Colleen smiles at the camera with grass and trees behind her

Colleen's story

Colleen, 66, from West London, takes a very positive view on ageing, feeling that it’s a privilege to get older. Always a keen follower of fashion, Colleen tells us how she has loved becoming a model and supporting artist in film, TV and digital in her late 50s, and how she is thriving in this new chapter in her life.

“As you get older, you get bolder. Don’t worry about what people think, wear what you like, look how you want to look. Just do it and be happy.”

“John Lewis was a wonderful place to work, and I loved working with fashion. It was great to see people of all ages and encouraging them to experiment, dress up and feel good about themselves. When I was younger, I always thought that when I get to a mature age, why hide away? You can look wonderful at any age.

“After 32 years at the department store, in 2017, I decided to make a change. I don’t say ‘retired’, because for me, that means what? Retiring to bed? To the sofa? People have a preconceived idea that if you’re retired, you’re inactive, inflexible, unhealthy...and that’s not me. Instead, I describe it as entering a new chapter!”

Colleen was intrigued about working as a supporting artist in film, TV and digital after hearing about it from a former colleague and decided to contact some agencies when she was 59, just before she left John Lewis. She now works around three times a month, when the jobs suit her.

“I wanted to do something after finishing full time work, and being a supporting artist is perfect. I love talking to different people and hearing their stories, and I get to work in all kinds of locations and see what goes on in the industry, which is fascinating.

“I’ve appeared in films such as Mission Impossible and Star Wars, as well as TV programmes such as The Bodyguard and The Crown, and it’s great fun. It keeps my mind occupied and I’m always learning different things, which I think is important to ageing well.

“I want to enjoy this new chapter in my life, not have any stress, and this is a hobby and job that I love!”

Through the supporting artist work Colleen also explored becoming a model.

“I always wanted to be a model, but I’m not very tall so it didn't seem an avenue open to me when I was younger. But a few years ago, I was inspired by older models on social media to approach some agencies. A couple were looking for a more diverse range of models, which has led to some fun work, like modelling on ITV’s This Morning. I love being dressed up and wearing heels and bright colours, so it’s been brilliant.”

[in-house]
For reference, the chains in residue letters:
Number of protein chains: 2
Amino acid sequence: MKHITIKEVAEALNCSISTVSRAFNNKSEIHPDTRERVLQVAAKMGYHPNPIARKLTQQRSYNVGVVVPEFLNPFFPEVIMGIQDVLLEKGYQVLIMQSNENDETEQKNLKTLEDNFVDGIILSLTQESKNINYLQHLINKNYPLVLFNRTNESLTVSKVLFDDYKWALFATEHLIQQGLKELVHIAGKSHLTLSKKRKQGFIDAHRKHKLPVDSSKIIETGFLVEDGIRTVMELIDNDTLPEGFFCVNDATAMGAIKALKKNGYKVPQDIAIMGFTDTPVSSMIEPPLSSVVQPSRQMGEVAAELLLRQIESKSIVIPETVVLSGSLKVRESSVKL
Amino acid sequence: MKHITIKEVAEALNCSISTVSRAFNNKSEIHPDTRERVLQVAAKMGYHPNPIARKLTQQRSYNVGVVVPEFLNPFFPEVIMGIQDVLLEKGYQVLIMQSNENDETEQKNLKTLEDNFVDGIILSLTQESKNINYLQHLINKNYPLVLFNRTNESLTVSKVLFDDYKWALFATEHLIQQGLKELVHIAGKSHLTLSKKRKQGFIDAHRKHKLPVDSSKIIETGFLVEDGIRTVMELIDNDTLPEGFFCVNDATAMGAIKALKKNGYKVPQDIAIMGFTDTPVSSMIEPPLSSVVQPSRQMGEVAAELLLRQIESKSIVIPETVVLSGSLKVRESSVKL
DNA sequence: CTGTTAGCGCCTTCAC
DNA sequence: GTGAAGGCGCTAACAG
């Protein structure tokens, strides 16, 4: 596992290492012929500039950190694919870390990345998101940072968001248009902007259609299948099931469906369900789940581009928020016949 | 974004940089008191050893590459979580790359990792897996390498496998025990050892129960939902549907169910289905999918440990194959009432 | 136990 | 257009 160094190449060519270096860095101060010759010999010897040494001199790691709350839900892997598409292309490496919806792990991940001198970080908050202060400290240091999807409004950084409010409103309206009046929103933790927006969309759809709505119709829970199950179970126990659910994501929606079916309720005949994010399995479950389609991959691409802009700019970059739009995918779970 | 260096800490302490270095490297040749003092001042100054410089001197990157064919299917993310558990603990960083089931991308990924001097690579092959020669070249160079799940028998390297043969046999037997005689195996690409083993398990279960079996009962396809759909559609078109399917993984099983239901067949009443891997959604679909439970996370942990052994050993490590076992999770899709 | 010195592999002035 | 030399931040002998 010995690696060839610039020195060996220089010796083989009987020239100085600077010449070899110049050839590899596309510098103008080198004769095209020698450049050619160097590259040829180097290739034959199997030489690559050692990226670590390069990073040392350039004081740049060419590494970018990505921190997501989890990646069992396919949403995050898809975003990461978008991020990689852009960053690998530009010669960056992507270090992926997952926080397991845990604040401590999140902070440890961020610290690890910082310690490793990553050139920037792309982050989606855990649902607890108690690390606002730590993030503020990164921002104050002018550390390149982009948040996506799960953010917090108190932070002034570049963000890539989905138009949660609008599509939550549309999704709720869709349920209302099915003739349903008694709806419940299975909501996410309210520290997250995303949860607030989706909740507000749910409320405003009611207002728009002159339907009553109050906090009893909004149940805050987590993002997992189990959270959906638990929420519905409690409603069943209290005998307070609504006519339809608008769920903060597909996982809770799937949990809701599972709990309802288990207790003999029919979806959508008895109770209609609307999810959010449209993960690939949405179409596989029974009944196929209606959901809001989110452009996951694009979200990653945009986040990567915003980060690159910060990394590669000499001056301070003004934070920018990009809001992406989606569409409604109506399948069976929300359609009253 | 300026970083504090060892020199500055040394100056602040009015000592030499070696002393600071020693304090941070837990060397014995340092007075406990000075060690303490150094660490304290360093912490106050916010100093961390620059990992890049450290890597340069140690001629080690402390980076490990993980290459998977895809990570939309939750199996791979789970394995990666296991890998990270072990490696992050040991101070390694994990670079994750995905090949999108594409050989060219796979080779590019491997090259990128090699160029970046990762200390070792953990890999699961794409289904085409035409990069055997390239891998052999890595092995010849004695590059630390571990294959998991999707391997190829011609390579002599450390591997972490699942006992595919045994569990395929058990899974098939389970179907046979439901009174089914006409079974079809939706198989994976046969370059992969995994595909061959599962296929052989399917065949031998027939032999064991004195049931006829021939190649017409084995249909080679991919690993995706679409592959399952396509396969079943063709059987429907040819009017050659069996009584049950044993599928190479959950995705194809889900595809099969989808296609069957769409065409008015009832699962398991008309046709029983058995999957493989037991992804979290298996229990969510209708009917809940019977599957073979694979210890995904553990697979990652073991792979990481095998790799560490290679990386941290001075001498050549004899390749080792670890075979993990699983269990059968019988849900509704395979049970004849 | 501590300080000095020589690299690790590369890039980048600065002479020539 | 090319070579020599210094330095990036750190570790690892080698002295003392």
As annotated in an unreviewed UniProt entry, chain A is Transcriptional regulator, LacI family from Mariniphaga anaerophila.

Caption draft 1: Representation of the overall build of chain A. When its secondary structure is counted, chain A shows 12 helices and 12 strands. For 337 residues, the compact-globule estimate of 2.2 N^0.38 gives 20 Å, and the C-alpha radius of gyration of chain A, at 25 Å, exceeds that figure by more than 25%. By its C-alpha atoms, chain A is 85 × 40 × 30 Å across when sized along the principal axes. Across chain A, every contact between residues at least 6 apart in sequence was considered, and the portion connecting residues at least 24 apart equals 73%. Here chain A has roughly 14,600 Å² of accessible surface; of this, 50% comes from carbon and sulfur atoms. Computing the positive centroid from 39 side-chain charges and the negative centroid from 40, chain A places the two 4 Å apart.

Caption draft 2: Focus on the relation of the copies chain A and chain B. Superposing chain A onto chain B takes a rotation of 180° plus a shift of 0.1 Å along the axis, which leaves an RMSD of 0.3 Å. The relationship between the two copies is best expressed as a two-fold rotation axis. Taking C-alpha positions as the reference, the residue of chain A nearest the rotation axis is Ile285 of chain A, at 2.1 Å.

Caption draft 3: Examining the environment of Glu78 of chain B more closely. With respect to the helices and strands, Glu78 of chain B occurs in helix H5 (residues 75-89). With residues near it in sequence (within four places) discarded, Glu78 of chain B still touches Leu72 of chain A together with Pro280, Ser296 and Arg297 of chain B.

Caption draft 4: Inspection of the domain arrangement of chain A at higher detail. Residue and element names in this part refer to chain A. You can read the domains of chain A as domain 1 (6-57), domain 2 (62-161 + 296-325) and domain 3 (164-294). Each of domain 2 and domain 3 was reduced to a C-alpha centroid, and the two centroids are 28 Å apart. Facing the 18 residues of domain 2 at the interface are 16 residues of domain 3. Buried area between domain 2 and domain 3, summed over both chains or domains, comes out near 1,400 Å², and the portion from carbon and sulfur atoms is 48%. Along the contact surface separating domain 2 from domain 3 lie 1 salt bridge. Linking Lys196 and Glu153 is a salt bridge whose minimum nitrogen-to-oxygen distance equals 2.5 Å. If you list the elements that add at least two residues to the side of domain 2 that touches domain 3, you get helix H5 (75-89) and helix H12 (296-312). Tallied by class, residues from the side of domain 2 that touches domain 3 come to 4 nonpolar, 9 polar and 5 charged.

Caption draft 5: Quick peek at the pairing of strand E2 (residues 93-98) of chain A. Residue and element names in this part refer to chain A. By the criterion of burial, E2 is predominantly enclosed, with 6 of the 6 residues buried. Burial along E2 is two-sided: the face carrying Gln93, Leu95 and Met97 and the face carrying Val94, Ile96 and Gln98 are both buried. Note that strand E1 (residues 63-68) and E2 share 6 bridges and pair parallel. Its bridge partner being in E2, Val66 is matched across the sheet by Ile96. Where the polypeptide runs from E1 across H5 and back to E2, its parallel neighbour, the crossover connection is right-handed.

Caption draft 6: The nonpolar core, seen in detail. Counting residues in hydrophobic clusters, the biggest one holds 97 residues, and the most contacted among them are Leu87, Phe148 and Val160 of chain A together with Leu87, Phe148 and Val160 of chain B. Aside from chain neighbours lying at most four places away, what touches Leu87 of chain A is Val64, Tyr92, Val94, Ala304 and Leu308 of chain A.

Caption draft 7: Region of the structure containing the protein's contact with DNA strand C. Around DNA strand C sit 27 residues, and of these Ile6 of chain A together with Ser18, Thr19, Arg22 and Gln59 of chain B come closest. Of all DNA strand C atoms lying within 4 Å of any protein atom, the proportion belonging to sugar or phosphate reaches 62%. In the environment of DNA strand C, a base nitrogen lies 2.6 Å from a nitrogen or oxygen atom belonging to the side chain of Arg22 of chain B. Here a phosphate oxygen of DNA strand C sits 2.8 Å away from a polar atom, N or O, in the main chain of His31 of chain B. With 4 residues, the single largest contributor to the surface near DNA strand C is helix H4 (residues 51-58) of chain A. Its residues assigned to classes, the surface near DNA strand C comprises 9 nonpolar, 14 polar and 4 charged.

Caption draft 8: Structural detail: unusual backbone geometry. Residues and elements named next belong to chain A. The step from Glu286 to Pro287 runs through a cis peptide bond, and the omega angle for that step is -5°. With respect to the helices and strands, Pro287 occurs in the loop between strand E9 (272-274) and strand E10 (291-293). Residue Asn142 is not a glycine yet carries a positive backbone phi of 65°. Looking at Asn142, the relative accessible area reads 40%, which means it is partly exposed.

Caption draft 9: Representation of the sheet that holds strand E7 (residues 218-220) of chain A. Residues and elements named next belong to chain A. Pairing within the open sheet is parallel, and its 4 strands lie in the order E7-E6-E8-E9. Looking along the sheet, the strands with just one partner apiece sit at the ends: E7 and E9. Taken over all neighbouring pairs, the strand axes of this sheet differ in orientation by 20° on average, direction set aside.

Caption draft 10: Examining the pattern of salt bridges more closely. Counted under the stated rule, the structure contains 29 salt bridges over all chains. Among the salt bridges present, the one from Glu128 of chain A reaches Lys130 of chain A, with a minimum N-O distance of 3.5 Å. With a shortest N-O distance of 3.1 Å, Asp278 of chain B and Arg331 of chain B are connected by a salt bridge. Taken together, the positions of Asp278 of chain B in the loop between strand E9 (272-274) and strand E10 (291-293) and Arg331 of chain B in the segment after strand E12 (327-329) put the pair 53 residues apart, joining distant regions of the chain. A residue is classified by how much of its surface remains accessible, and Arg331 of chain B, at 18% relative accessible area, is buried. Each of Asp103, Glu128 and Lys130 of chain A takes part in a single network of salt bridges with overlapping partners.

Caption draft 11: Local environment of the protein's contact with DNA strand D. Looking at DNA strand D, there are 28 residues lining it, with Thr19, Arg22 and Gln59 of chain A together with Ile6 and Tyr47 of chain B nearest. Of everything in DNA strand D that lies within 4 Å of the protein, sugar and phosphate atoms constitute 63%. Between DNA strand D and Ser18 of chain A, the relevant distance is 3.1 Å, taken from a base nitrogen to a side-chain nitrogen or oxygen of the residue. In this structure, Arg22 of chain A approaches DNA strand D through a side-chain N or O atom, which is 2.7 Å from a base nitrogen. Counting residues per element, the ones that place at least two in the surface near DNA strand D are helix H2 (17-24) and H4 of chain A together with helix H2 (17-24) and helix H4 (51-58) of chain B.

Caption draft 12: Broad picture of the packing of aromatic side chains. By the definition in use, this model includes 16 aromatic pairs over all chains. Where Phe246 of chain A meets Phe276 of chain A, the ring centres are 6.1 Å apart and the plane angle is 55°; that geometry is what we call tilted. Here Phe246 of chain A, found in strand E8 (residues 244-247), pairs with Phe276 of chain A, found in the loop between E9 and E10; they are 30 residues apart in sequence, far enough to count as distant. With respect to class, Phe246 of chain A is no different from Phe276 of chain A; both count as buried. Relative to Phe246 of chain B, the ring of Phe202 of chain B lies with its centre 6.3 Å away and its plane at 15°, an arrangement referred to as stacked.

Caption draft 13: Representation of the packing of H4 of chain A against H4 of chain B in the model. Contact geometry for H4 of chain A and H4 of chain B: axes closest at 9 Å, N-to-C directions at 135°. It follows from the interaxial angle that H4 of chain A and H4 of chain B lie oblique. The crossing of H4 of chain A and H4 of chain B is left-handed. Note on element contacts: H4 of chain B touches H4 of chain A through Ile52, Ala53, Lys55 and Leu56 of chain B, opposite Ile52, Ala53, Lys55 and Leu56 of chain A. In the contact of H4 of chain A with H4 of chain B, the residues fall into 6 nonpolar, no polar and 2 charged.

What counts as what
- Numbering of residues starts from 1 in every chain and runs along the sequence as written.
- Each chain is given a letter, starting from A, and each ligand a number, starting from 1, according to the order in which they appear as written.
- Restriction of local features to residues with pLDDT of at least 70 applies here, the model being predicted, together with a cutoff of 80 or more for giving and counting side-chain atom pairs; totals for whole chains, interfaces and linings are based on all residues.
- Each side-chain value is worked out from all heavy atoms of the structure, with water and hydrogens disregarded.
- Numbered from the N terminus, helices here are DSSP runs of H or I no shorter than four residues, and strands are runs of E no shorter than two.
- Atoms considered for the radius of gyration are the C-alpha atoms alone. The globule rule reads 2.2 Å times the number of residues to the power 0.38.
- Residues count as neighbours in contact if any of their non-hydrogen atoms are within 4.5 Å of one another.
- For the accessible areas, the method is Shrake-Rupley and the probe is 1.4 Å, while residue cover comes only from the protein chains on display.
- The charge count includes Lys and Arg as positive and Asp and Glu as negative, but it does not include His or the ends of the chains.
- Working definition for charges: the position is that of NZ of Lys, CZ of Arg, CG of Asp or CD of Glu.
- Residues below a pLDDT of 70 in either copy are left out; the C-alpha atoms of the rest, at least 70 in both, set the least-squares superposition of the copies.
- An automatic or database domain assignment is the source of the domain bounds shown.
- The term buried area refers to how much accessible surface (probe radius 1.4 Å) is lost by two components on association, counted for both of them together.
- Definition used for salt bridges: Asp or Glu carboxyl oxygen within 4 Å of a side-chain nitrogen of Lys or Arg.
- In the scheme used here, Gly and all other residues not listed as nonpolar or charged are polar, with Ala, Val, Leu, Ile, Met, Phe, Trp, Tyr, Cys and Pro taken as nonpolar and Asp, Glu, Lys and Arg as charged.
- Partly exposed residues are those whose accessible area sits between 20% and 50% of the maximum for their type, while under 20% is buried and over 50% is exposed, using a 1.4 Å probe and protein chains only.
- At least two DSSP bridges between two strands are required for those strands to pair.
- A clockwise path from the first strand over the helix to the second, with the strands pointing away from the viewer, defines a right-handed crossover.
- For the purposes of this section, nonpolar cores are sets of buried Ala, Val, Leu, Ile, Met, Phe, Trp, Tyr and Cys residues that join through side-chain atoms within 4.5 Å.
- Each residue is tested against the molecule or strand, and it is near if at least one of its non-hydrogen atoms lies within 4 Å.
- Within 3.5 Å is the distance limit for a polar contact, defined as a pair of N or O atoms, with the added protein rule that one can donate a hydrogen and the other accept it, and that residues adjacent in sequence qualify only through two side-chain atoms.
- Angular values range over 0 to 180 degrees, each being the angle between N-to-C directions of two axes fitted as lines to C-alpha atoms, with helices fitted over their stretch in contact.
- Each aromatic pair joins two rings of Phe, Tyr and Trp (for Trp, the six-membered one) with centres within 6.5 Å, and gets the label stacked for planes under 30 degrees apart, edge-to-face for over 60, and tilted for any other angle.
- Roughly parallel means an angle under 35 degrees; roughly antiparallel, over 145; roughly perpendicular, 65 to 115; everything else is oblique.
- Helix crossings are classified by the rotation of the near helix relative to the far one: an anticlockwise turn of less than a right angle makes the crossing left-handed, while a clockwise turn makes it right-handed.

“I think that now we’re seeing greater diversity in models and in fashion, with more mature men and women looking great and more glamourous. There is still a long way to go, but it is getting better. In adverts, if there were any older people, they were often with their grandchildren and looking quite dowdy, but that has changed.

“For me, it was massive for Vogue to start reflecting older age groups. It’s so important to represent older people as having as much diversity as any other age group – we're not all the same! Women like Iris Apfel are an inspiration.

“I haven’t found a lot of barriers to modelling later in life. Age really is just a number, and you look the way you do. I do find it annoying when people say I look young for my age. Why? What do you think that I should look like?”

“I really want to be part of the campaign against ageism. There’s still a perception of older people being slow, unable to get about and invisible in drab colours. It’s complete nonsense and I love challenging these stereotypes.

“When I go to the gym, there are people of all ages working out there. Older men and women are lifting heavy weights. Mature people can do these things. We need to get rid of the clichéd nonsense that gyms, fitness and sports and workout clothing are only for younger people. The sports industry has a critical role to play here in showing age diversity and they need to step up to the plate.

“My husband, who is 62, and I are both very active. We go to the gym together up to four times a week and walk at least three miles a day. I feel as active now as I did before. There’s a few more aches and pains to overcome, but I’m very lucky, it’s a privilege to get old and have the chance to reflect on your maturity. I think it’s about looking after your mind, body and soul.

"It’s also about positive thoughts. I don't care about my age, we’re all ageing. As mature women, we should look to people like Prue Leith, Mary Berry – look how active they are!

"For me, as you get older, you get bolder! Don't worry about what people think, wear what you like. Just do it and be happy.”